Helping Those in Need

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New findings may help more people with postconcussion syndrome receive care that they need.
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People with postconcussion syndrome may experience symptoms that include headaches, dizziness, fatigue, impaired memory and inability to focus.
Many people who suffer a mild traumatic brain injury, known as a concussion, quickly recover. But others develop postconcussion syndrome (PCS)—a condition with symptoms that can persist for weeks, months, years or indefinitely. Currently, it is difficult to know how many people suffer from PCS because consistent clinical standards—those used by physicians to diagnose the condition—are lacking.
 
In order to establish consistency in how this condition is diagnosed, Krembil Emeritus Scientist Dr. Charles Tator and his collaborators proposed a new definition of PCS. The new definition requires that patients experience any three or more symptoms for at least one month. The old definitions are stricter, requiring that the symptoms are experienced for at least three months.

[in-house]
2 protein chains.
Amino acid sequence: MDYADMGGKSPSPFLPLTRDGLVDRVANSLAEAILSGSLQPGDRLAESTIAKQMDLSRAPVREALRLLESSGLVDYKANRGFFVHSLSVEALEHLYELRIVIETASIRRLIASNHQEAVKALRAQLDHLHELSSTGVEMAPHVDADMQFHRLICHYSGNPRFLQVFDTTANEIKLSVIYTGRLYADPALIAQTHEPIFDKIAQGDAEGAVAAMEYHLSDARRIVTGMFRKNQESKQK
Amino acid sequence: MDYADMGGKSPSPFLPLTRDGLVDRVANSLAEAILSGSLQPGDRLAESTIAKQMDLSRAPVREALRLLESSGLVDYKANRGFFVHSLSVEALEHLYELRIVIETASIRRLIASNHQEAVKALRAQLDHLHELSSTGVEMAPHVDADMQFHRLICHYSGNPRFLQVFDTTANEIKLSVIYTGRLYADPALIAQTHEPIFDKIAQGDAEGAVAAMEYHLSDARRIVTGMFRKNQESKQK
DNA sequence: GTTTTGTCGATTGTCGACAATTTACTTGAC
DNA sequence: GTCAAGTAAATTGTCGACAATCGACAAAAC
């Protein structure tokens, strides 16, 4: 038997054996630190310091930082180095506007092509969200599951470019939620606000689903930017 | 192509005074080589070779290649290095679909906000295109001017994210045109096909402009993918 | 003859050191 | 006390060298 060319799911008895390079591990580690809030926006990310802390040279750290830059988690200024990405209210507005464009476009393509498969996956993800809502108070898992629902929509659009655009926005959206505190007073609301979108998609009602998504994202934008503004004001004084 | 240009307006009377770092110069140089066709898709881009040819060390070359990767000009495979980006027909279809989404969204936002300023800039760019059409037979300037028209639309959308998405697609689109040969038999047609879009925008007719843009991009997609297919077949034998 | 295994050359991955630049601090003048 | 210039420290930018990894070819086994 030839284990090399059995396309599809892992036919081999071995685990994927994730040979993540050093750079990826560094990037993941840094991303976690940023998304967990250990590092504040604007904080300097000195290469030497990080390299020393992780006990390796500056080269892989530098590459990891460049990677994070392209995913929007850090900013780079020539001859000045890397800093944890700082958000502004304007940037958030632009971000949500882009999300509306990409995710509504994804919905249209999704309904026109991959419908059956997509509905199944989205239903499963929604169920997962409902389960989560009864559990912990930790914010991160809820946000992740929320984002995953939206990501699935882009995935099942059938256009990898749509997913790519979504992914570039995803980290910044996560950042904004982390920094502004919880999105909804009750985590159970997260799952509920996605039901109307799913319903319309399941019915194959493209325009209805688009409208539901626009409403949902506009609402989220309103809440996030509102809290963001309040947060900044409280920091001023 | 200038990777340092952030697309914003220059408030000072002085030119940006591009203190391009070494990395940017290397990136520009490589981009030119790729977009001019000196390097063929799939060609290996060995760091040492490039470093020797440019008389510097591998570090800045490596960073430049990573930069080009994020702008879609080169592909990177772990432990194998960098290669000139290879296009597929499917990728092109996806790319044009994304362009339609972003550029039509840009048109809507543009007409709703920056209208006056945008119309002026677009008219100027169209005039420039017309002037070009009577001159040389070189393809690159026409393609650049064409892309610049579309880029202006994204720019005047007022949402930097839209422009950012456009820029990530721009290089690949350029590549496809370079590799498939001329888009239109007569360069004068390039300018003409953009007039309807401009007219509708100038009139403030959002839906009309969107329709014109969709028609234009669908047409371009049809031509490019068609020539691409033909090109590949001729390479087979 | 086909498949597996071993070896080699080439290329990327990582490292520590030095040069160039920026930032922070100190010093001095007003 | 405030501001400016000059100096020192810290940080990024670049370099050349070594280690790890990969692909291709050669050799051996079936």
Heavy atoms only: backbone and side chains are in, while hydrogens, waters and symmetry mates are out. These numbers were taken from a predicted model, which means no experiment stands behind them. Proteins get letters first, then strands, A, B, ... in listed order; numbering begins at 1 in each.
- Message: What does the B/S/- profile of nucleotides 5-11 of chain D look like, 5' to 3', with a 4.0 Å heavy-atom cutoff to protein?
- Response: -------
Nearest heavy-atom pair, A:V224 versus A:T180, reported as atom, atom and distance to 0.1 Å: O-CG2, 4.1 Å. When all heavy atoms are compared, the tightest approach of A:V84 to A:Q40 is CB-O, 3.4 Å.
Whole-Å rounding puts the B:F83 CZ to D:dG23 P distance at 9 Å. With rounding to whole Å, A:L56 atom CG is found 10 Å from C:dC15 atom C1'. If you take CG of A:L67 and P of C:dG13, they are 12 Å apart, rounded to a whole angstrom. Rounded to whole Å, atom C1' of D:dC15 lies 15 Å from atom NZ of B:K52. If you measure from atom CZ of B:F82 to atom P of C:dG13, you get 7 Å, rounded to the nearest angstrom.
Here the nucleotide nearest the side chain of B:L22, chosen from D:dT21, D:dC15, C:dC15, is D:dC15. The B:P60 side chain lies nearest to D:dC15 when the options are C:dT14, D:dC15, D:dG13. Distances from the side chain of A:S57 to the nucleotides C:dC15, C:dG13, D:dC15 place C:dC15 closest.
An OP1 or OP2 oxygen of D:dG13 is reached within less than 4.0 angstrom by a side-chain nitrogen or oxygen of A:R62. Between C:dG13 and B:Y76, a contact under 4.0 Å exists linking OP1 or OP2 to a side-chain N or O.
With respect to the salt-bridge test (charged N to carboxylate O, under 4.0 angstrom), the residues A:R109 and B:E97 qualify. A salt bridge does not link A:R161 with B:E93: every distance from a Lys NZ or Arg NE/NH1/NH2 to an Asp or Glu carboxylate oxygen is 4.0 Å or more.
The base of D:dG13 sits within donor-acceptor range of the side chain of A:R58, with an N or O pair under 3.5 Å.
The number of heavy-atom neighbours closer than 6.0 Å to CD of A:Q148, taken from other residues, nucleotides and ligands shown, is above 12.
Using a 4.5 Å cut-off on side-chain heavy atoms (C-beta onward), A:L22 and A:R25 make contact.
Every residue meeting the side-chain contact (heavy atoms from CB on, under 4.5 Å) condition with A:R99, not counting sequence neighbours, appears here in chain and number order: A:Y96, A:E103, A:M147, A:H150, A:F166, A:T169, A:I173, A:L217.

When people were diagnosed using the new definition, the research team was able to identify previously unknown risk factors of PCS. These predictors included being female, experiencing amnesia and/or loss of consciousness at the time of injury, having extracranial injuries and being involved in legal proceedings around the injury. In contrast, when standard definitions were used, only the number of previous concussions was a risk factor of PCS.
 
“Our results suggest that the criteria we currently use to diagnose PCS in the clinic may only be capturing the most severe cases,” says Dr. Tator. “By revising these criteria, we have identified patient populations who do not receive the care that they need.”
 
This work was supported by the Canadian Concussion Centre at Toronto Western Hospital, which is funded by the Toronto General & Western Hospital Foundation.
 
Postconcussion syndrome: demographics and predictors in 221 patients. Tator CH, Davis HS, Dufort PA, Tartaglia MC, Davis KD, Ebraheem A, Hiploylee C. Journal of Neurosurgery. 2016 Feb 26. [Pubmed abstract]